10. EducationUSA handed out over 10 boxes of books about studying in
the USA. The Information Resource Center (IRC) provided materials,
developed by the IRC or IIP, in Chinese and English. The IRC also
created an Internet Cafe with pre-set bookmarks to help guests
access more in-depth information. The Internet Cafe was packed for
the duration of the event. American Citizen Services staffed a
voting information table for American citizens. Most guests chose
to take photos with the life-sized cut-out figures of candidates
Obama and McCain, many asking to take the cardboard candidates home
after the party.

Extensive Media Coverage

11. The event received extensive media coverage. CCTV-4 aired the
program about the Election Watch Event on the same day on the 9 p.m.
"China News Program," which is watched by millions of people across
the country. Other coverage included: International Herald Leader,
Legal Evening Daily, The Beijing News, Elite Reference, Beijing
Youth Daily, Caijing Magazine, Beijing News, Sichuan News online,
China Daily, AFP, Reuters, AFX, New Yorker online, MSNBC and CNN.

Emotional Chinese Response

12. Unlike in years past, guests came and stayed for hours, bursting
into applause as the results from different states came in. The
young people in attendance were very well informed, and their
enthusiasm for the election was reflected in their preparation for
the event. They had insightful questions and articulated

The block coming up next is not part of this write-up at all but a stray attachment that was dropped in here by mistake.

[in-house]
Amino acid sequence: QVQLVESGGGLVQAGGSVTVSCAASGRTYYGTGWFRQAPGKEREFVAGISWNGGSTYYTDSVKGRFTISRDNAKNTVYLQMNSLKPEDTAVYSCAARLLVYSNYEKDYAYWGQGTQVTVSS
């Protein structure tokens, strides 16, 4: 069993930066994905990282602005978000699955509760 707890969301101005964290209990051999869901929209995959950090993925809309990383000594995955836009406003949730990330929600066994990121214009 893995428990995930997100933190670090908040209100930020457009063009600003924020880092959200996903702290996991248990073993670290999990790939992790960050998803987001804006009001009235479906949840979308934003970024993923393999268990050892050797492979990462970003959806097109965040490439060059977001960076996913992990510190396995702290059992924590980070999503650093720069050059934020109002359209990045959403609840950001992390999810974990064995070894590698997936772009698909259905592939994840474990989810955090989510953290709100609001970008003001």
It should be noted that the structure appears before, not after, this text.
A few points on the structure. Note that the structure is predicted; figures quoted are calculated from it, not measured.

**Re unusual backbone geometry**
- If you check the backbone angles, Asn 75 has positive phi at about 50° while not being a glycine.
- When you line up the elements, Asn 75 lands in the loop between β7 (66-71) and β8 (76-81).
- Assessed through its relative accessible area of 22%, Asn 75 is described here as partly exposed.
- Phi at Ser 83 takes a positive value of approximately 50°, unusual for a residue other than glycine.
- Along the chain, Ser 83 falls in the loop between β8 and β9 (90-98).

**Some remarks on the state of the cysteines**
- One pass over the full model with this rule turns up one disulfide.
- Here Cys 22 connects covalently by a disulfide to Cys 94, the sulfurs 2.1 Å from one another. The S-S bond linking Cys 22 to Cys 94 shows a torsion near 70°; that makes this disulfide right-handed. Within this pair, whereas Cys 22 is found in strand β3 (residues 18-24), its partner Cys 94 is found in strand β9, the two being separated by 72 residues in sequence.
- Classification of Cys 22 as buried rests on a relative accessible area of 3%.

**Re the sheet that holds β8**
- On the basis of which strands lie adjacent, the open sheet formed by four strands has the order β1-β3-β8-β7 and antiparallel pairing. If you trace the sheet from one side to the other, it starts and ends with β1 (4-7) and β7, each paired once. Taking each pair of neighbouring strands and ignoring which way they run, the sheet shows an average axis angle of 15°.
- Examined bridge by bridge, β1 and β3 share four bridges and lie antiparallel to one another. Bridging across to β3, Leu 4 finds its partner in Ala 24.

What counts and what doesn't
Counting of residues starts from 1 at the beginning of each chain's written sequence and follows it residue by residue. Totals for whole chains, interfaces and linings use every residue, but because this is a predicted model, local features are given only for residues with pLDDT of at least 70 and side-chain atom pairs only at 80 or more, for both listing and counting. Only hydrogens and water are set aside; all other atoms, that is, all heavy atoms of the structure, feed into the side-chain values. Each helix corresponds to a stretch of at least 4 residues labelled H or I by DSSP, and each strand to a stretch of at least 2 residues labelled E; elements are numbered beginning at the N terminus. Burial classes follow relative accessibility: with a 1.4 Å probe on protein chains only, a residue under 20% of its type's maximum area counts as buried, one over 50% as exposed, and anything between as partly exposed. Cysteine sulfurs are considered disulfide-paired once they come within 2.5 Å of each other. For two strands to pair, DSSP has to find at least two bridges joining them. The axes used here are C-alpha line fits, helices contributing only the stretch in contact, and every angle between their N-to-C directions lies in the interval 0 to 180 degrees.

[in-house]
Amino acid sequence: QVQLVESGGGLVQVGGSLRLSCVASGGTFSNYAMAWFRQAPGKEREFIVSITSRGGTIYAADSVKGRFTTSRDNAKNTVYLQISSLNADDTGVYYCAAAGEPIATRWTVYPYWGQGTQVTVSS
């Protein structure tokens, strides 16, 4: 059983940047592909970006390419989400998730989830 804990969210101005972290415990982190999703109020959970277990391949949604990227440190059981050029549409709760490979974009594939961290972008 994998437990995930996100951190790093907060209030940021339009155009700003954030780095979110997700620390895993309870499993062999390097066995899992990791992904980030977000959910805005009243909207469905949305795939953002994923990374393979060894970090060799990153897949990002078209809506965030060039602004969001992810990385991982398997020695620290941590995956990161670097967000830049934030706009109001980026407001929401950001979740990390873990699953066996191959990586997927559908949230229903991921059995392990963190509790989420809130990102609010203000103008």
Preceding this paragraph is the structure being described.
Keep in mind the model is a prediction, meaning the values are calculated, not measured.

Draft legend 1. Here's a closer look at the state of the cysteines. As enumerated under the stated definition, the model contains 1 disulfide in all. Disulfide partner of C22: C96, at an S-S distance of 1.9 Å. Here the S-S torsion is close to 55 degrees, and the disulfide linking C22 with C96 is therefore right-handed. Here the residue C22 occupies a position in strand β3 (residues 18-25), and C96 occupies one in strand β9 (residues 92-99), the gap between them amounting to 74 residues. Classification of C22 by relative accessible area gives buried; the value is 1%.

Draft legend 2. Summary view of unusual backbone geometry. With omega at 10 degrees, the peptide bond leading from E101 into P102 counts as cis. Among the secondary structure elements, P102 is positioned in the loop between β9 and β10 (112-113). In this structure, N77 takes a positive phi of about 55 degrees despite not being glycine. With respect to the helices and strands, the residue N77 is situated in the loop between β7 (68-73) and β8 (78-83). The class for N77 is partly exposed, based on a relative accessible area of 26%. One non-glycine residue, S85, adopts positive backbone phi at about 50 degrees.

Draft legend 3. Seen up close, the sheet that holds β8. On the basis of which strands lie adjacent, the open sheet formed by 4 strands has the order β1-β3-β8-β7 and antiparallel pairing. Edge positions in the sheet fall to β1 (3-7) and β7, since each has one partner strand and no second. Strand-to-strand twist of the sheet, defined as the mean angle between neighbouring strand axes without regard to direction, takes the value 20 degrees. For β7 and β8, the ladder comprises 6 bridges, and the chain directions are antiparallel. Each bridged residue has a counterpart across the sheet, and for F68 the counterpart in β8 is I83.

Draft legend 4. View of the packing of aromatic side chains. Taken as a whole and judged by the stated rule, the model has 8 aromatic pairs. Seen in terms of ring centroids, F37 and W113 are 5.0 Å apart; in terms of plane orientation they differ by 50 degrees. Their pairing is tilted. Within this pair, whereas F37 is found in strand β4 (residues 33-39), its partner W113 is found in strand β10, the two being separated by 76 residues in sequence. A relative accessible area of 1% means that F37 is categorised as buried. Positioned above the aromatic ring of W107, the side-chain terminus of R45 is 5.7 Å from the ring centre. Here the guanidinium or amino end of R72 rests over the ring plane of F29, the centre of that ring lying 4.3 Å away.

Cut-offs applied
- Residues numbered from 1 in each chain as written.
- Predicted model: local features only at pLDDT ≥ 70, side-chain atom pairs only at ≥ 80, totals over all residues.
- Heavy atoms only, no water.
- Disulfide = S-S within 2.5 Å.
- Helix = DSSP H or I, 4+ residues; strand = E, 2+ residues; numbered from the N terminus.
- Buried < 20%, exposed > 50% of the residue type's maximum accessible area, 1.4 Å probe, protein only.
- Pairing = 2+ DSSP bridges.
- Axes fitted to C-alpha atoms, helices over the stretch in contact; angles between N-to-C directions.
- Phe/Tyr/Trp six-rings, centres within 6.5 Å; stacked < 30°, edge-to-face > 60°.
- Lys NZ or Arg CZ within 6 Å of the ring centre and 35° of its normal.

well-thought-out proposals, including for reforming the Electoral
College system.

13. Our Chinese contacts were highly emotional in discussing the
election. A Tsinghua University professor said that the results
meant that the United States is entering a "new era." He commented
that America is a highly unified country and that every four years,
Americans split into two camps and argue about the issues, but then
after the election they unify once again. He opined that the United
States is the "only country in the world" that does it like this and
that this shows the maturity of the U.S. democratic system.

14. At this election event, many Chinese guests were not focusing on
the question "What does this mean for China in the short term?" but
rather showed genuine interest and excitement about the U.S.
election on its own terms. Other guests, in pull-asides after the
main event, wondered aloud how the better elements of the process
could be reflected in their own political system.

15. A university instructor told one officer that the other Chinese
professors were amazed by how emotional Americans can get about
their elections and really do not understand it. "When we pick a
new President," he said, "no one cares."

16. One Embassy contact, a very patriotic Chinese who lived in
Europe for several years and is often critical or even condescending
toward the United States, sent the following message as the election
results were announced: "You know, I was born in mainland China.
From my childhood, I was subject to education that indoctrinated us
with narrow-minded nationalism and traditional values. But I kept
seeking after a lifestyle of freedom and a politics of democracy. I
had thought that only European socialism could create this kind of
democracy and freedom that transcended race, ethnicity, and cultural
divides. But, behold, it's in America. Suddenly, I see my own
narrow-mindedness and ignorance. Because of my prejudice (I thought
the U.S. had only 200 years of history), I never tried to truly
understand your country. But what has transpired today could only
have happened in America. This is the true culture shock brought to
me by the United States. Yours is a country that has held fast to
its dreams. With such tolerance, nothing is impossible. Shedding
tears for your country and for your beliefs proves that you have
never lost your soul."

17. Another response: "...I feel so moved by this...the era of
change has finally come to America...and, I think, perhaps not just
to America..."